Plain Trials: Culture and Competence in the Courtroom
Keywords:Competence to stand trial, culture and competence, Plain people and competence
The presence of Plain people in the justice system historically involves civil disputes. A more recent trend is the presence of Plain people as criminal defendants. In tandem with their appearance in criminal proceedings is the question for some of competence to stand trial. Competence assumes a factual understanding of the legal process, the ability to assist counsel in preparing a defense, and an appreciation of the charges and case. In the decades since the Supreme Court ruled on competence, the evolution of definition, criteria, and assessment have focused on mental capacity and deficits. The contribution of culture has been marginalized. This article reviews the elements of competence to stand trial and restoration of that competence when it is lacking and applies them to Plain people. Two case studies demonstrate the impact of culture. Rarely considered, culture can have a profound influence on comprehension and appreciation of the judicial process and exacerbates issues of competency for a defendant who presents with cognitive impairments.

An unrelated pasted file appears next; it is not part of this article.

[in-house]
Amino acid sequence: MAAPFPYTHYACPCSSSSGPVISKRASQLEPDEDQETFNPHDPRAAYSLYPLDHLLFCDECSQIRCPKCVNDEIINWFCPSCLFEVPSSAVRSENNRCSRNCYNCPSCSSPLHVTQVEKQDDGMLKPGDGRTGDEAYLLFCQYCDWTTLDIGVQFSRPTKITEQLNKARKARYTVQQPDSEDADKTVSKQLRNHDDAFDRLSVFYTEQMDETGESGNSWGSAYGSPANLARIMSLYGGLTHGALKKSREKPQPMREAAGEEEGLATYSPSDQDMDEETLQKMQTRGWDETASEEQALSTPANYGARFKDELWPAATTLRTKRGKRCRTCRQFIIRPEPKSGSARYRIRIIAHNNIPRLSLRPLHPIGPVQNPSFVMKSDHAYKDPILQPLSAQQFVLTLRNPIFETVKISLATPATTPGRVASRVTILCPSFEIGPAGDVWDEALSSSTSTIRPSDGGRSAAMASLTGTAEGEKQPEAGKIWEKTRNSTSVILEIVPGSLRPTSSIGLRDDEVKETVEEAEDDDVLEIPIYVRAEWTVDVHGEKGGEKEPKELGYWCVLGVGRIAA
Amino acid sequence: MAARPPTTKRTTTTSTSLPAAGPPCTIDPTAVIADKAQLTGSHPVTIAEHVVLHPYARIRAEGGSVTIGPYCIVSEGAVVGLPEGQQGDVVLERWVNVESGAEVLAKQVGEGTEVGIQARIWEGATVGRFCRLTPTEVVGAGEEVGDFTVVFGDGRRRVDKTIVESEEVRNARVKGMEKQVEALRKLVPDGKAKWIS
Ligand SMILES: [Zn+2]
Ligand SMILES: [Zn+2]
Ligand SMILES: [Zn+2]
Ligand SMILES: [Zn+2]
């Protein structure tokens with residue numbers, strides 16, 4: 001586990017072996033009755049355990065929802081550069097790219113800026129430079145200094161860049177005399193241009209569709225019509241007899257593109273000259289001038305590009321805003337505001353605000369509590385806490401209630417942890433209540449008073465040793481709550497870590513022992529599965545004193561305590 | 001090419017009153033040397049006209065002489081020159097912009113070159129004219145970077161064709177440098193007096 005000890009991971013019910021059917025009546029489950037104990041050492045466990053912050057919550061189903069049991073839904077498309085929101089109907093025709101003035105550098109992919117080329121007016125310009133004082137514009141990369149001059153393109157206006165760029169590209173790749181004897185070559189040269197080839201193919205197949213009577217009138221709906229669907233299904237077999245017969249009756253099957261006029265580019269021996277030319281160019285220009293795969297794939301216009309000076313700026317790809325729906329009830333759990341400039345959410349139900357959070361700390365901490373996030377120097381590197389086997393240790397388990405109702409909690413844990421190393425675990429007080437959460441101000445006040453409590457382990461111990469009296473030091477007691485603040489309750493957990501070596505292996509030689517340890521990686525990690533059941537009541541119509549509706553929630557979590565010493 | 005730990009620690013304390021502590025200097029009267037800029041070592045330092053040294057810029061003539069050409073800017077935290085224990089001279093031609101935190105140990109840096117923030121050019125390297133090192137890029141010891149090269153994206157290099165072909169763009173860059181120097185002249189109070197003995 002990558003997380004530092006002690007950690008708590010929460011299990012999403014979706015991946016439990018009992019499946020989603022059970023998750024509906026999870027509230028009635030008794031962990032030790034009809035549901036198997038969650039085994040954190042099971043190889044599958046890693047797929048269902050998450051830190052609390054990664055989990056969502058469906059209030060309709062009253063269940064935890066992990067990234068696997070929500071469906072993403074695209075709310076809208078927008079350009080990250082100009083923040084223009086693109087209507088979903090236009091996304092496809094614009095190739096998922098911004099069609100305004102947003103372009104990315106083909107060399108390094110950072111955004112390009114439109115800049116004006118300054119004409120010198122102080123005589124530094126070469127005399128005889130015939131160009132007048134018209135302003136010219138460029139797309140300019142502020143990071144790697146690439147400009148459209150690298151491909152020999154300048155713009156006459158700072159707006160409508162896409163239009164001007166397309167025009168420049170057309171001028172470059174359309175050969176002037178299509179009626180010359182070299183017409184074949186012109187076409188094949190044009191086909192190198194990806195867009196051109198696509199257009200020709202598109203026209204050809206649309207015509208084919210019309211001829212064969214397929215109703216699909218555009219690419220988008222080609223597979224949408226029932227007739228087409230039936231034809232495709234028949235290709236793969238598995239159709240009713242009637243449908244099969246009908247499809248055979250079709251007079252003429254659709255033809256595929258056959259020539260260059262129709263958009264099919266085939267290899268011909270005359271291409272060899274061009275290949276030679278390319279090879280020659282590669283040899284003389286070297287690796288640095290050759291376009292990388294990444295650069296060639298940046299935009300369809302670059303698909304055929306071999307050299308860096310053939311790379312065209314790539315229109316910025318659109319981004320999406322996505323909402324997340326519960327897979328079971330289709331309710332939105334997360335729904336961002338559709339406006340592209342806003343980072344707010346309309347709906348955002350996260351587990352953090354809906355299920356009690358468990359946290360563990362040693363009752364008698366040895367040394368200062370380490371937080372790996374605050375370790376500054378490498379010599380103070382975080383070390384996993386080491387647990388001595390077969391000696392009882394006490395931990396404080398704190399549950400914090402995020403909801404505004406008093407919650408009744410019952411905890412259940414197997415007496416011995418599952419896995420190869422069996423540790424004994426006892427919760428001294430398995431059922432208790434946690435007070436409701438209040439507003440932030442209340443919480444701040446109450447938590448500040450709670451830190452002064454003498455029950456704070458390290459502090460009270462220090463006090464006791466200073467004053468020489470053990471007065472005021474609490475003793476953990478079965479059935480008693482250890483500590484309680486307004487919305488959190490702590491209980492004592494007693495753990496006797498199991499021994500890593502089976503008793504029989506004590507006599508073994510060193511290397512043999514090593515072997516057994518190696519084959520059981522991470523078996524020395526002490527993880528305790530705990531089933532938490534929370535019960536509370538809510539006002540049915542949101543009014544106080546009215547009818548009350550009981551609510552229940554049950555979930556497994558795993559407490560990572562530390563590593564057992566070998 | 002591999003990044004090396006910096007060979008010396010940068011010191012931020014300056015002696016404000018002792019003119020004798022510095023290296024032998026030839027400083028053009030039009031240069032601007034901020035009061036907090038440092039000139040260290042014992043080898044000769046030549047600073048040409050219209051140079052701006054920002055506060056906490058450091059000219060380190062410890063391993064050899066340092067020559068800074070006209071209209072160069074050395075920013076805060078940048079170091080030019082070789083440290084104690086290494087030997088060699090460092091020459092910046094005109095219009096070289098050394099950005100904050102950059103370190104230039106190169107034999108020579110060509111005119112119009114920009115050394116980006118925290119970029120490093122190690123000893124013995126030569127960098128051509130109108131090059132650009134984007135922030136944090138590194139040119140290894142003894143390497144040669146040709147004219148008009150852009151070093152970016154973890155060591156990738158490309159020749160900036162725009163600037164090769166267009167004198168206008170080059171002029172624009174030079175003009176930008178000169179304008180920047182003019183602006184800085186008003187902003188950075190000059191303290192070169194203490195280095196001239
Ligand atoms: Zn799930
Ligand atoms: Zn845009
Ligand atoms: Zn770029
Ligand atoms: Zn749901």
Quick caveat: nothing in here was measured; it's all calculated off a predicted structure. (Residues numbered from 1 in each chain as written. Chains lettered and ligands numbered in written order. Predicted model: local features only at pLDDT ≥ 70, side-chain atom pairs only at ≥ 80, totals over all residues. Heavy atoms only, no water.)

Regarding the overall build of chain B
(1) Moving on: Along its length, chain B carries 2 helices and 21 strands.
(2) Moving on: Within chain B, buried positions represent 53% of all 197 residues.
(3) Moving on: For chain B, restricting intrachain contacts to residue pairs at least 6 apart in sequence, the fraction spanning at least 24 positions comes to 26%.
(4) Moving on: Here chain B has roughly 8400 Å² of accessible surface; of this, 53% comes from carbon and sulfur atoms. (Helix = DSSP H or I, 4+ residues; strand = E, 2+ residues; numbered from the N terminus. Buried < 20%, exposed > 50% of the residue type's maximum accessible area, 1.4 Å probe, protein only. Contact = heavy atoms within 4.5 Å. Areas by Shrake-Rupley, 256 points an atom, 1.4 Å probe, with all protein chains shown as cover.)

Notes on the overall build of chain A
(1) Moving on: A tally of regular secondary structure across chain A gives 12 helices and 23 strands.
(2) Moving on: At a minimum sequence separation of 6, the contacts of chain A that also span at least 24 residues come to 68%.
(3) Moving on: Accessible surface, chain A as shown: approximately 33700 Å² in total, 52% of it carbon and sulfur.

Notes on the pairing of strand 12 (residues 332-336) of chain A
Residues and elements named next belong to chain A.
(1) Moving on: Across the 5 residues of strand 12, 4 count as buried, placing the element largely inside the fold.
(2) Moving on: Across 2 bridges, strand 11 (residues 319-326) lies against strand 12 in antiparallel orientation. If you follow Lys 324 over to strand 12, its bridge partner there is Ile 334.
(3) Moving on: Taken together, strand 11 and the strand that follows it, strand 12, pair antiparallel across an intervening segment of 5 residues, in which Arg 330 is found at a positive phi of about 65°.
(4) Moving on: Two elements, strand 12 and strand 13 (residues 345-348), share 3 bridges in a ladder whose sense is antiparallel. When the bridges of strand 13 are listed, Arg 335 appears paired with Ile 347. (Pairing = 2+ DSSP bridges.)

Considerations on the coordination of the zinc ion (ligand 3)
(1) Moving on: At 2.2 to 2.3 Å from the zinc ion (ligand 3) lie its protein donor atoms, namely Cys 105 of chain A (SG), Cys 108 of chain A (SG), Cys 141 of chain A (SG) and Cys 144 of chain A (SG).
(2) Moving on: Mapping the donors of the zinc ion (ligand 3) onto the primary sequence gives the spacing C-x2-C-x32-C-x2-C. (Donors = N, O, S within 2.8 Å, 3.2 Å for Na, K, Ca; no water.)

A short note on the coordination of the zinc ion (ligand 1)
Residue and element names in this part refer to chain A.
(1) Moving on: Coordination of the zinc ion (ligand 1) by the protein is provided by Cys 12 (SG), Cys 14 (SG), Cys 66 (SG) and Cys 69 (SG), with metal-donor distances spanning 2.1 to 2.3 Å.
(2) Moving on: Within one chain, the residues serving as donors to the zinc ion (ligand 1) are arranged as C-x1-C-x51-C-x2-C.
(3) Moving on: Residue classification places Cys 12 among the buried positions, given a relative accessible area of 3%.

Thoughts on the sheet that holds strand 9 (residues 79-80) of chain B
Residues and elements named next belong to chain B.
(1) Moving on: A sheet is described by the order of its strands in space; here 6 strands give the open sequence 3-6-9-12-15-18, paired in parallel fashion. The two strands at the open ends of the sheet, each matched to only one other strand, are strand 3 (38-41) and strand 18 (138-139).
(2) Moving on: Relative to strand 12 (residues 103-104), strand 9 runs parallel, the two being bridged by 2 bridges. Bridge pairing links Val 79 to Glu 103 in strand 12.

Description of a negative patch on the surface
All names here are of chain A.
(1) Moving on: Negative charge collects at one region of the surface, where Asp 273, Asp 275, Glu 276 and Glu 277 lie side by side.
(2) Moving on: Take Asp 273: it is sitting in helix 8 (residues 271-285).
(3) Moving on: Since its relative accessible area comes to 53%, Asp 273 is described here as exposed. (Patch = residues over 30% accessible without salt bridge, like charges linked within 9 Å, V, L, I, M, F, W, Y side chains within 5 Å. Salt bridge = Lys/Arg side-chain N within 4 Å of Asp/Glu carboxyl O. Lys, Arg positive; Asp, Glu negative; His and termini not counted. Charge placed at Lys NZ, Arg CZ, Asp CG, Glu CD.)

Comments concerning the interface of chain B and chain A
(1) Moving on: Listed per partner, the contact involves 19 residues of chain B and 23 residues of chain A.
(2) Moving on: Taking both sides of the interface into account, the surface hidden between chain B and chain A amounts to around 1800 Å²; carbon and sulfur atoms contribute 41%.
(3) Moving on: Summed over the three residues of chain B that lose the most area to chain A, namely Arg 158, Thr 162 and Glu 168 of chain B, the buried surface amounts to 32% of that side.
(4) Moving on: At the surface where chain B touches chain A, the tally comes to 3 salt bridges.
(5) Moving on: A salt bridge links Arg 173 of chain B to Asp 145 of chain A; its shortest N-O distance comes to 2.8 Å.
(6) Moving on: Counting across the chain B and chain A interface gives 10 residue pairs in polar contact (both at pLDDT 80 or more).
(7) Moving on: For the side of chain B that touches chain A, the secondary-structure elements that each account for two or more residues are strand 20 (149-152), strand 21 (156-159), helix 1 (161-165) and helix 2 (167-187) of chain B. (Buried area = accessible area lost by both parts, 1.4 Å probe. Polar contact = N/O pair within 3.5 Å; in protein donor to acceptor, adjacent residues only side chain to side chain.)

Copyright (c) 2022 James A Cates
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